Nathanial Ponn, a defendant in ongoing SEC litigation, pled guilty to three counts of wire fraud in connection with orchestrating a three-year fraud scheme that involved hundreds of attempts to defraud various securities brokers. The court accepted Ponn’s plea and scheduled sentencing for March 1, 2017.
The SEC previously charged Massachusetts resident Ponn with engaging in a scheme to defraud numerous unnamed broker-dealers over more than seven years in an action filed on March 31st. Beginning as early as 2007, but escalating in 2014 and continuing into at least April 2015, Ponn defrauded numerous brokerage firms through phony bank transfers to newly opened brokerage accounts.
According to the original complaint, over the course of the scheme, Ponn opened approximately 600 brokerage accounts and attempted to fund them with bogus bank transfers totaling $8.7 million.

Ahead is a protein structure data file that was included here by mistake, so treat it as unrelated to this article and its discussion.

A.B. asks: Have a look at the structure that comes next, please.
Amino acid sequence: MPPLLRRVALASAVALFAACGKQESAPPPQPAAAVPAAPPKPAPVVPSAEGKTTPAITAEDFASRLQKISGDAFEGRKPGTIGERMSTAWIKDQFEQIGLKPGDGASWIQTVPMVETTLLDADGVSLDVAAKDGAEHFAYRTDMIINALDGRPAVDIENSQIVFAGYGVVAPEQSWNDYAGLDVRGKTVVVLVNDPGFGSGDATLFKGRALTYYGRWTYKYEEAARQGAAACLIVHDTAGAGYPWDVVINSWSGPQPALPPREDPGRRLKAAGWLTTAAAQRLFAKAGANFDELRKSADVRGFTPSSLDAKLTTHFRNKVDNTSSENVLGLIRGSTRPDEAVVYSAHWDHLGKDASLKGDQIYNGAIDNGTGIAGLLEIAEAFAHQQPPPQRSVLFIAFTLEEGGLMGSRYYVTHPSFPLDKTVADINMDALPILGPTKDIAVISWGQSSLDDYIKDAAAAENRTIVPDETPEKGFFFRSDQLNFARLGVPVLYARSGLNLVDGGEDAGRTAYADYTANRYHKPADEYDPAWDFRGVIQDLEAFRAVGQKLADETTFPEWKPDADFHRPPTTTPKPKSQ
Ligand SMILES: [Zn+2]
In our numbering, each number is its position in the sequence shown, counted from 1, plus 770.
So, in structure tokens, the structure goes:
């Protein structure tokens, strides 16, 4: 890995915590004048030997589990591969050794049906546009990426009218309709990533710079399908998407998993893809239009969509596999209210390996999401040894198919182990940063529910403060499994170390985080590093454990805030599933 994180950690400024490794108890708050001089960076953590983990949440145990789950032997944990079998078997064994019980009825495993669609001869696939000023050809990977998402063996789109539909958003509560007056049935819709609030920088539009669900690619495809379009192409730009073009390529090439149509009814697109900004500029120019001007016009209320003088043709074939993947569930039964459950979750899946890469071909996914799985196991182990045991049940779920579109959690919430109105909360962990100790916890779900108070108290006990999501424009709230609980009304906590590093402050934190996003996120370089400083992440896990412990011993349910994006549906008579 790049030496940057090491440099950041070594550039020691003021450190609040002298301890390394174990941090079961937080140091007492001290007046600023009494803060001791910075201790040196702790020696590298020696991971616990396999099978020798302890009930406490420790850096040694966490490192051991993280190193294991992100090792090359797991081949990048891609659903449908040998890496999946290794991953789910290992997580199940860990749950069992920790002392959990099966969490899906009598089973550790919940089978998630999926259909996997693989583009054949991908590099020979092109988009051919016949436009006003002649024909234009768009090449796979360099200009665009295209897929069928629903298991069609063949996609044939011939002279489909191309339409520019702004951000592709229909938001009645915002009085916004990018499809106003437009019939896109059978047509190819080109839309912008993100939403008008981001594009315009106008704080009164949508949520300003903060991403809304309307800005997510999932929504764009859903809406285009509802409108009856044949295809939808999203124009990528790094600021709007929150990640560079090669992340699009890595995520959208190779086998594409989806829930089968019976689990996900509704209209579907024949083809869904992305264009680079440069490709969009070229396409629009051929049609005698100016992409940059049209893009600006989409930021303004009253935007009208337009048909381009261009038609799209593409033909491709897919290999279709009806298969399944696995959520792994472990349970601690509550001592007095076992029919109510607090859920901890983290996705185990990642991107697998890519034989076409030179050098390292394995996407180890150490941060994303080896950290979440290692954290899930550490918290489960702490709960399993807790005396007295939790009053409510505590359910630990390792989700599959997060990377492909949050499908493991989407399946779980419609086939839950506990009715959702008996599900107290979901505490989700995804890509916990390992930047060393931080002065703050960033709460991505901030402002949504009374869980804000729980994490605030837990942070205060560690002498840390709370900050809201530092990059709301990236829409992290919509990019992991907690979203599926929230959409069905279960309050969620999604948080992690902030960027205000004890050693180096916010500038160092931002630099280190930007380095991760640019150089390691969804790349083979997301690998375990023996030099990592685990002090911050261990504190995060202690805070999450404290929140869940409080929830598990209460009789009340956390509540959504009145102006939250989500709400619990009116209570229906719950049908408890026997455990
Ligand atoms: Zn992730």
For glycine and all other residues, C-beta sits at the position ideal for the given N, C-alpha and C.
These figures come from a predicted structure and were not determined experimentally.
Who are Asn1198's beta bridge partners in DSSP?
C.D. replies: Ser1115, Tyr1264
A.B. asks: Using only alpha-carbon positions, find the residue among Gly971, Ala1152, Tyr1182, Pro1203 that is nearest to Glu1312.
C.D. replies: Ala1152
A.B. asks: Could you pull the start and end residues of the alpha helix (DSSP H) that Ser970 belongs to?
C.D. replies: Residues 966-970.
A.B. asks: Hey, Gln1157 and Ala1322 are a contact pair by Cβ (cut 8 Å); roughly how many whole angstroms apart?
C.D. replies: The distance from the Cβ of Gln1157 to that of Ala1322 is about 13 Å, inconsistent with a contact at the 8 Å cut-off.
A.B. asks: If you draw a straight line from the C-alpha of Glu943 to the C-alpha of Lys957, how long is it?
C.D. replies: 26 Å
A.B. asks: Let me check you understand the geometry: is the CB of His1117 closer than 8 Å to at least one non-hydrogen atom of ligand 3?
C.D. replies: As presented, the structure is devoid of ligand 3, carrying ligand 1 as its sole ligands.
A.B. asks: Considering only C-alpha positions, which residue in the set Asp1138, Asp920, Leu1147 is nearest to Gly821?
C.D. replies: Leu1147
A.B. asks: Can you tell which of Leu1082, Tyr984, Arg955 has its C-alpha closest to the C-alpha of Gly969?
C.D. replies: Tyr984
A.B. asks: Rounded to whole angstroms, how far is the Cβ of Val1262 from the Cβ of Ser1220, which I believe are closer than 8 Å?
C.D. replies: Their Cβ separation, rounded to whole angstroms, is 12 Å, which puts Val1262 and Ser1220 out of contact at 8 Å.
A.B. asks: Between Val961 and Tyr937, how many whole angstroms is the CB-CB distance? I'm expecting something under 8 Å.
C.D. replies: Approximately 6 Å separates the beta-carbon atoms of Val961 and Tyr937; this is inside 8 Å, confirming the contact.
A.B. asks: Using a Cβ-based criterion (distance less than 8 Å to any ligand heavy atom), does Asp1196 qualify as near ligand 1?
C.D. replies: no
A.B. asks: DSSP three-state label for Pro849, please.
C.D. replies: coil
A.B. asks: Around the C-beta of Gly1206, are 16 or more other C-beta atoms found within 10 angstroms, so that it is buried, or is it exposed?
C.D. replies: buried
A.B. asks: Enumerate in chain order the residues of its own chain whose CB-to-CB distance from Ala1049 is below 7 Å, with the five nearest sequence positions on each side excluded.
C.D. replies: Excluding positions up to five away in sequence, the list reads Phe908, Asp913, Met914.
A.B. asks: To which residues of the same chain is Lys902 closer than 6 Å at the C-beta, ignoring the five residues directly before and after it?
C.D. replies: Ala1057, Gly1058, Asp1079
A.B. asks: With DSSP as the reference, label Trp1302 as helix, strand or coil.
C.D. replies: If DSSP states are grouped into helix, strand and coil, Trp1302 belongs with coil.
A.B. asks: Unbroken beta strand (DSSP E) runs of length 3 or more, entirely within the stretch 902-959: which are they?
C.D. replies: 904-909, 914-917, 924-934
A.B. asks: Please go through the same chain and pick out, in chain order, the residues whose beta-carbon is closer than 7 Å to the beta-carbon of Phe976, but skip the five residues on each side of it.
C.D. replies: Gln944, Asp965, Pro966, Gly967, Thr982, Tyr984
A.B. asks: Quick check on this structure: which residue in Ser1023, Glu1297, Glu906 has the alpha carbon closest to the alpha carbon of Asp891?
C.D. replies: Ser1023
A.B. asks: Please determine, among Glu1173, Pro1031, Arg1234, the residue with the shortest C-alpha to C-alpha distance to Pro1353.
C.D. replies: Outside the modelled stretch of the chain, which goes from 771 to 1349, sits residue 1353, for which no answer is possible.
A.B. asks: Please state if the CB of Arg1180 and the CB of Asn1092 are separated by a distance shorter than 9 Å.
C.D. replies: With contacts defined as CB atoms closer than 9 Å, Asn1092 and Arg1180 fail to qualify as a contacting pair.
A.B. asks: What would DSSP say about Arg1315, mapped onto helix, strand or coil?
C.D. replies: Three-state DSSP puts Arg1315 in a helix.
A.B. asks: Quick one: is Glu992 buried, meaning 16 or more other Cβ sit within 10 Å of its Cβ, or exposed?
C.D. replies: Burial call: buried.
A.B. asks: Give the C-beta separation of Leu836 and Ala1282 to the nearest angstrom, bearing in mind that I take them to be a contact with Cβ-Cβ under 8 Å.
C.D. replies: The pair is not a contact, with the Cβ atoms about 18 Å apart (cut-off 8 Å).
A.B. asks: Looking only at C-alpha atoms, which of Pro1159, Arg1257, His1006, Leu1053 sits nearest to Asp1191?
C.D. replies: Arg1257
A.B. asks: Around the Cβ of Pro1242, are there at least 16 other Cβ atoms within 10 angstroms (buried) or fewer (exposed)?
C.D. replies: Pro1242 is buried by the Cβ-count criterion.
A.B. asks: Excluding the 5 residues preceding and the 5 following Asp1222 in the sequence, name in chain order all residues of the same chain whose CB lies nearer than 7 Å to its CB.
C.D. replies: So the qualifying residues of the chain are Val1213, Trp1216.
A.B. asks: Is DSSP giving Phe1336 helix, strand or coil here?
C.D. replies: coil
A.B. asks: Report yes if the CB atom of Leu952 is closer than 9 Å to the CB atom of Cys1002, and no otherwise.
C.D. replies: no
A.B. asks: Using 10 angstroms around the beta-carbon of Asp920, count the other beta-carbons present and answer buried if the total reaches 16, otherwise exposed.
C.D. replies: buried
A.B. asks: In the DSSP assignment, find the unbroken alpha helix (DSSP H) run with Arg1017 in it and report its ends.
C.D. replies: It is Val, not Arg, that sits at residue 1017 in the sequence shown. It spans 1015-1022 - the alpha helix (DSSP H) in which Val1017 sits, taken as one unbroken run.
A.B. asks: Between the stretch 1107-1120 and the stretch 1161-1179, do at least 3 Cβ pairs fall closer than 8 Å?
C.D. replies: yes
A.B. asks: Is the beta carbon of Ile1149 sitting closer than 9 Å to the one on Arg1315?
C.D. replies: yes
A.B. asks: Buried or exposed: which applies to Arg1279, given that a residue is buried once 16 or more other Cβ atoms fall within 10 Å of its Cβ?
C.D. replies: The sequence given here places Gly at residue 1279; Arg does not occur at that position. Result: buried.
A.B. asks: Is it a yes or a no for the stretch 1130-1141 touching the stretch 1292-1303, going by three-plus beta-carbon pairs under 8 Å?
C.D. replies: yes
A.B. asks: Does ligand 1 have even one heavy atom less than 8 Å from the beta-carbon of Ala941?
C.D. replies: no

Of this amount, broker firms credited Ponn’s accounts for $6.3 million, which he then used to purchase $2.9 million worth of securities. Once the broker firms discovered the fraudulent nature of the bank transfers, they locked Ponn’s accounts, sold off the accounts’ holdings, and ultimately closed the accounts.
The SEC noted that Ponn attempted to withdraw at least $271,000 from these accounts, but the internal control procedures of most firms prevented him from making cash withdrawals before the bank transfers were confirmed. Moreover, his fraudulent securities purchases of approximately $2.9 million caused the broker firms to suffer net trading losses of approximately $26,000, and put them at risk for much more.
The SEC’s litigation against Ponn continues. The SEC’s complaint seeks a permanent injunction plus disgorgement, prejudgment interest, and penalties.